In this year of the coronavirus pandemic all 4-H staff and volunteers have had to pivot from in-person programs to virtual programs, AND so did the school system. Our 4-H members have had a double whammy of virtual programs and spend a lot of time on their computers. So, how do you continue to keep your members engaged in this environment? They might really want in-person 4-H meetings, but right now you are not able to do that. What you can do is provide them with a sense of belonging by bringing them together with their 4-H friends online. You can also provide a sense of stress release by making learning fun. As a bonus, you can even impart some subject matter knowledge as well.
4-H staff know that some of our volunteers are having trouble keeping members engaged. We have been gathering resources to help you with virtual club meetings until we are able to do meetings in person. Successful club meetings in this virtual format may not look like your regular meetings. Youth are “Zoomed out” from school. Many will only participate if it is going to be fun and stress relieving. That does not mean you can’t teach them anything; you just need to couch the learning in a fun delivery mode.
There are platforms that can be used to help make your club meetings fun. If you do not have the computer skills to run the games, why not ask your teen leaders or co-leader to run it for you? Why not pool resources and work together with other clubs in your same project area? For example, I am encouraging all horse clubs (small animal clubs, dairy clubs, etc.) to meet together – that way only one leader has to create a meeting, rather than every leader creating an activity each month. I suggest having virtual meetings as a division – the members miss each other and like to see their 4-H friends.
I hope some of the resources compiled by one of my colleagues will help you. Contact your local 4-H staff – they know how many Zoom accounts may be available and can help you set up a meeting.
Fun Games and Activities to Play on Zoom
- Jeopardy – this site has free Jeopardy boards on a variety of topics already on their site. You can also use their template to create your own Jeopardy game on any topic. I simply took Dairy and Horse Bowl questions and inserted them into a blank template. Here is a sample I made for Dairy.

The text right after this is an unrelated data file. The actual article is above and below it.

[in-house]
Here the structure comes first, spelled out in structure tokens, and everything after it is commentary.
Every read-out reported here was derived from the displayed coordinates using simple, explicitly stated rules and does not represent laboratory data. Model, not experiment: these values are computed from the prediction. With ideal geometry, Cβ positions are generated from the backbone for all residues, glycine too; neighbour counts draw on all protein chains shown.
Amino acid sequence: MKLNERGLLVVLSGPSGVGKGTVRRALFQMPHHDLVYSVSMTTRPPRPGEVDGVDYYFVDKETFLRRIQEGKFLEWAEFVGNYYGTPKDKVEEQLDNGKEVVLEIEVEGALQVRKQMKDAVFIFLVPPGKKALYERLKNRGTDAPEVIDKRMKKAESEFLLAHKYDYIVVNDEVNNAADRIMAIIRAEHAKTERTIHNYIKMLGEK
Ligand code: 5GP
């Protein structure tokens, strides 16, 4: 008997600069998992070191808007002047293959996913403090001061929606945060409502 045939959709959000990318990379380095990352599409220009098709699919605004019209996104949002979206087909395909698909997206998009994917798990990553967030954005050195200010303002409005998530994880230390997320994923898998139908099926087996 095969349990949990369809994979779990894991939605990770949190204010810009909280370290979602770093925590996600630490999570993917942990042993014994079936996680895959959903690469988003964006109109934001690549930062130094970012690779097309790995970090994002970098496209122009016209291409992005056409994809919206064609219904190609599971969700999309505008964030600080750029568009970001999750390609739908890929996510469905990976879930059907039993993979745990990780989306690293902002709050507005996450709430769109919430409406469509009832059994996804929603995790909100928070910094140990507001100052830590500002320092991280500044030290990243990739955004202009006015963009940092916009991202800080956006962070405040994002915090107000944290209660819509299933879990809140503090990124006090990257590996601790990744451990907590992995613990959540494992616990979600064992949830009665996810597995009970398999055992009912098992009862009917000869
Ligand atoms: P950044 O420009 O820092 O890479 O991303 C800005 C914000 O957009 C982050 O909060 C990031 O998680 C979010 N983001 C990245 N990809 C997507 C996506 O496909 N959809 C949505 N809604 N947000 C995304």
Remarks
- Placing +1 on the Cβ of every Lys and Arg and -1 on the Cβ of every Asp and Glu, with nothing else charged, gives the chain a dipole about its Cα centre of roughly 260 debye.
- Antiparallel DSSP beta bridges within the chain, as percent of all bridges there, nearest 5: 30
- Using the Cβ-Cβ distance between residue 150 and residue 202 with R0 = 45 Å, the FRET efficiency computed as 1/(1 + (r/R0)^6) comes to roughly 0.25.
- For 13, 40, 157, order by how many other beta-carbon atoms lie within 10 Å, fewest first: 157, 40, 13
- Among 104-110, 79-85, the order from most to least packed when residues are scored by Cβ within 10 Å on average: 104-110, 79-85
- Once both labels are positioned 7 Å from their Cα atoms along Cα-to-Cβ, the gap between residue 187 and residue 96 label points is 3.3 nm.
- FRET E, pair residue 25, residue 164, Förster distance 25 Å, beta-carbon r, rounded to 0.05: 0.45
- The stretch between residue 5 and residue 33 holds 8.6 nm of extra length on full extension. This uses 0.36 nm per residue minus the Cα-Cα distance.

- And for you horse enthusiasts, here is one sample from the many horse Jeopardy games.
- Scavenger Hunt – this can include “things” (e.g. an old picture not from the phone), to acting out something (e.g. act out a washing machine), to fun dance moves.
- Bingo – either make your own card or go to this site.
- Kahoot – interactive game using your phone or computer.
- Scategories – the rules for this game are simple: there is one letter and five categories (things like “school supplies,” “book title,” and “girl’s name”). You have 60 seconds to come up with a word that fits in each category and starts with the chosen letter. The more unique your answer is compared to your friends’ answers, the more points you get.
- Trivia – start asking questions. Have each person send their answer in the Zoom chat at the same time. Make up your own questions or go to this trivia generator.
- Name, Place, Animal, Thing – to play, pick a letter. Each player has to list a famous person’s name, a place, an animal, and a thing that begins with that letter. The first person to type them into the Zoom chat wins.
- Pictionary – to play, divide your group into teams. Choose a team to play first, as well as a designated “drawer” on that team. The drawer generates a word and has one minute to draw that word for their team to guess. If the team guesses the card correctly, they get a point. Pick your own words or go to this word generator.
- Charades – split your group into two teams and make up your own or use this site to choose your words and phrases. The person who’s acting out the charade uses the Zoom “spotlight” feature, and their team has one minute to figure out the phrase.
- Imaginary Ball Toss – this is a great “Ice Breaker” activity for the new 4-H year when youth do not yet know each other. Pass the imaginary ball to different people. You must call their name first so they can be ready to catch it! Everyone must catch and toss the ball one time. You may even do multiple balls at once (but makes sure everyone can do one ball well first).
- Animal Calls and Movements – assign an animal call and movement to different animals (e.g. for dog, you would be barking and wagging your “tail”). Call out that animal and everyone does the sound and movement together.
We will share more ideas in future posts. Have fun!
By Carol K. Ward, County 4-H Agent, Rutgers Cooperative Extension. Resource list compiled by Lisa S. Rothenburger, County 4-H Agent.